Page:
Care for people who use drugs

Many people who use drugs in Kiambu county had to travel to the capital, Nairobi, for opioid substitution treatment, as there were no medically assisted therapy clinics locally. They often had to visit several other facilities to obtain medical care and psychosocial support. 

In September, we opened a clinic in Kiambu, offering a one-stop-service center for drug users, comprising opioid substitution therapy, treatment for HIV, TB, hepatitis C and non-communicable diseases, wound care, mental health support and counseling, and sexual and reproductive health care.

Care for victims of violence

MSF runs a trauma room in Mathare, Nairobi, to treat victims of urban violence in the city’s Eastlands area. The clinic is supported through a 24-hour, toll-free call center and an ambulance program that offers emergency care to patients and refers them for further treatment when necessary.

We also run a clinic providing specialized care for victims of sexual and gender-based violence in Eastlands, in addition to supporting Ministry of Health facilities. Services include medical consultations, treatment to prevent the transmission of HIV and sexually transmitted infections, pregnancy tests, swabs for legal purposes, psychological counseling, and referrals for social and legal support. In 2019, our teams treated over 260 patients each month. Please donate to support our work in Kenya and other countries around the world now.

A doctor works with patients
A doctor examines a baby in Dagahaley, Dadaab refugee camp, where MSF also provides health care to the host communities. Kenya 2019 © Arjun Claire/MSF

Medical care for refugees

We continue to support a 100-bed hospital and two health posts in Dagahaley camp in Dadaab. Our health services benefit not only refugees, many of whom have been in the camp for close to 30 years, but also local communities. Our comprehensive general and specialist health care program in Dagahaley includes sexual and reproductive health care, emergency obstetric surgery, medical and psychological assistance to victims of sexual and gender-based violence, and psychosocial counseling. We also offer home-based insulin treatment, palliative care and specialist referrals. In 2019, we conducted more than 210,000 outpatient consultations, admitted close to 10,000 patients for care and assisted over 2,800 births.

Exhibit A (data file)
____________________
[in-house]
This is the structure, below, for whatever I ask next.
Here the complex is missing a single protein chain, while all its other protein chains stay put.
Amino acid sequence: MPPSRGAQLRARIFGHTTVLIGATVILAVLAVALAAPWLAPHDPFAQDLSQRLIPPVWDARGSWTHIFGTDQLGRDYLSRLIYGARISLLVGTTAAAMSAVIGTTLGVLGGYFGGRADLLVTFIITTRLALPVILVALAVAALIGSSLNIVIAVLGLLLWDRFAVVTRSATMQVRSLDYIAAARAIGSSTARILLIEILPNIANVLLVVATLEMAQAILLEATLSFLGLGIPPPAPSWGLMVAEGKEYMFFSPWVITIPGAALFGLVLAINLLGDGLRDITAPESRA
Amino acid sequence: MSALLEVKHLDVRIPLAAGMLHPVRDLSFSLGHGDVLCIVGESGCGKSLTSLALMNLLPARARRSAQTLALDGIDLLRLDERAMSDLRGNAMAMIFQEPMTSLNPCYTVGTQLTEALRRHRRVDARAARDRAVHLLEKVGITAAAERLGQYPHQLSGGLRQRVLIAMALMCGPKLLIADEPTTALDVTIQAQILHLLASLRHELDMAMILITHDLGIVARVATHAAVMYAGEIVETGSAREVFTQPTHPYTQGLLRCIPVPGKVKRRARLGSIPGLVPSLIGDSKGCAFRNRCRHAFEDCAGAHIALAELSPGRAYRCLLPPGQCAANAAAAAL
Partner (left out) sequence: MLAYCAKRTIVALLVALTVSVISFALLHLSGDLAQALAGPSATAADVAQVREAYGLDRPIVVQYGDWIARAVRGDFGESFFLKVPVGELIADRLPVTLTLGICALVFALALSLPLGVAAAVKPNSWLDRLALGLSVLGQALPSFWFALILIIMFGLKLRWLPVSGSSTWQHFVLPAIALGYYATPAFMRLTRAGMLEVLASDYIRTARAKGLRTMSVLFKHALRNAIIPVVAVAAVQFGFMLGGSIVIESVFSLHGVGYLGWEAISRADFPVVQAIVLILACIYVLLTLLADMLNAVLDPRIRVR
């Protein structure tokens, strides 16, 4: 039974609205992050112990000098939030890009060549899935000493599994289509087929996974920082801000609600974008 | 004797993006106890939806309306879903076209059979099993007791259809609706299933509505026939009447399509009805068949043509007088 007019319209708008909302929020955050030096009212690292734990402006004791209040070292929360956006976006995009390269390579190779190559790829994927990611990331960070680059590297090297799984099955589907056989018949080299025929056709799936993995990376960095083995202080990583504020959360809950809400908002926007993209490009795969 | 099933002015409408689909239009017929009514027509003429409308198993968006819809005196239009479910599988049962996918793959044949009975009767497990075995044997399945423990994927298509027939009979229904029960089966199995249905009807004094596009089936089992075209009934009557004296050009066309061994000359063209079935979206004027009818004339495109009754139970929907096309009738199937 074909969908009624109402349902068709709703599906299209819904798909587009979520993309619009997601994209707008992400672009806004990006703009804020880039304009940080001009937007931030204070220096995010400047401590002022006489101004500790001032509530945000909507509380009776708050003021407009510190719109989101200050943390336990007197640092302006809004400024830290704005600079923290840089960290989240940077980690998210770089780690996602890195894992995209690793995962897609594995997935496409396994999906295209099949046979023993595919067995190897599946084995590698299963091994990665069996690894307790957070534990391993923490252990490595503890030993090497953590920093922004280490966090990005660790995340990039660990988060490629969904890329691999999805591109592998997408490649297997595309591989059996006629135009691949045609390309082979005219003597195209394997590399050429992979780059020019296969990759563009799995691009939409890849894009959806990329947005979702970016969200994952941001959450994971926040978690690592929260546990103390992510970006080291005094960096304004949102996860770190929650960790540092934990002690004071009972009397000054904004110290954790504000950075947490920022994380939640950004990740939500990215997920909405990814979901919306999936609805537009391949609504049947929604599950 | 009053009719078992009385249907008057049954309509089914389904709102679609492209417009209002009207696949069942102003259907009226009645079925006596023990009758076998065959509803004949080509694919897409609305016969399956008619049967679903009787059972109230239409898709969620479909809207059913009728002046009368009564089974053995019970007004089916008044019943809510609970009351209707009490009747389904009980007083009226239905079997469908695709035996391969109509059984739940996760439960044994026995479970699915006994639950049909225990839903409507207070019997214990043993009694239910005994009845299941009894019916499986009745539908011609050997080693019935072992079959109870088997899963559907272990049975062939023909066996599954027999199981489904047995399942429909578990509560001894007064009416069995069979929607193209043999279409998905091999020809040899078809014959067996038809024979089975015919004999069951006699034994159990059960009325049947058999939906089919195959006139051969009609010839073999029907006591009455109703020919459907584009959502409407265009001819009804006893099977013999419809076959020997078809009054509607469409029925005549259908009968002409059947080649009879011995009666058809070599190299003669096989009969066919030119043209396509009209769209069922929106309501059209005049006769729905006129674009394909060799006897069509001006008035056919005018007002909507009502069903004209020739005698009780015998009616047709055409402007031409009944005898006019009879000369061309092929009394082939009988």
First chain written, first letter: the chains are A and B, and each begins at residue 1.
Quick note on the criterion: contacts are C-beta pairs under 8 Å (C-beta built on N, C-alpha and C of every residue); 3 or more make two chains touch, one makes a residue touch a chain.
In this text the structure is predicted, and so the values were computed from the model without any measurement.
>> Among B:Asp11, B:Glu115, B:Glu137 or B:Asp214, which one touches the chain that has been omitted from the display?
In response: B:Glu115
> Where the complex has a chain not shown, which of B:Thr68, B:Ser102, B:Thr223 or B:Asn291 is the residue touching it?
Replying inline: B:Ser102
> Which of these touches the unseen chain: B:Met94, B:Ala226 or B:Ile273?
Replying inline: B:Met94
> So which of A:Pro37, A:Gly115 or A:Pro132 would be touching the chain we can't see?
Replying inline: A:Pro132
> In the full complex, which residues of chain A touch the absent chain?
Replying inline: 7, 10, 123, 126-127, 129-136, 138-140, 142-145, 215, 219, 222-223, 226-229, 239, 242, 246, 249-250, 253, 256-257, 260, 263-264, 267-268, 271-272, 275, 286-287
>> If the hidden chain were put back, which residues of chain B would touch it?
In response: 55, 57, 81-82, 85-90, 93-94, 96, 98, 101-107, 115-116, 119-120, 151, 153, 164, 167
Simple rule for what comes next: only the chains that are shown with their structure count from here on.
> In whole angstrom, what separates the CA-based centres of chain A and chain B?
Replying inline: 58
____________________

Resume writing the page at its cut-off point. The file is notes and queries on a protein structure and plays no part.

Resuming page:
Comprehensive obstetric care in Likoni 

In Likoni subcounty, Mombasa, we support the Department of Health to provide comprehensive emergency obstetric and neonatal care in the fully renovated Mrima health centre. Our teams there assist an average of 6,000  births every year, perform lifesaving obstetric surgery and support ante- and postnatal care, as well as screening for cervical cancer, HIV and other sexually transmitted diseases.  

Responding to medical emergencies

The high incidence of snakebites in Baringo county, northwestern Kenya, has been largely under-reported due to a lack of appropriate monitoring tools. For three months, an MSF team trained medical staff in prevention strategies and administering antivenoms and first aid to snakebite victims. We also donated antivenom vials to boost the county’s supplies.

In addition, we responded to malaria outbreaks in Baringo and neighboring Turkana county. In September, more than 45,000 people tested positive for malaria, in the worst outbreak in Turkana since 2017.

Heavy rains later in the year led to flooding and displacement in some parts of the country. In West Pokot county, when flooding and landslides forced many people to flee their homes, we donated medical supplies and treated mosquito nets. We also provided emergency relief items and food to the most affected refugees in Dagahaley camp.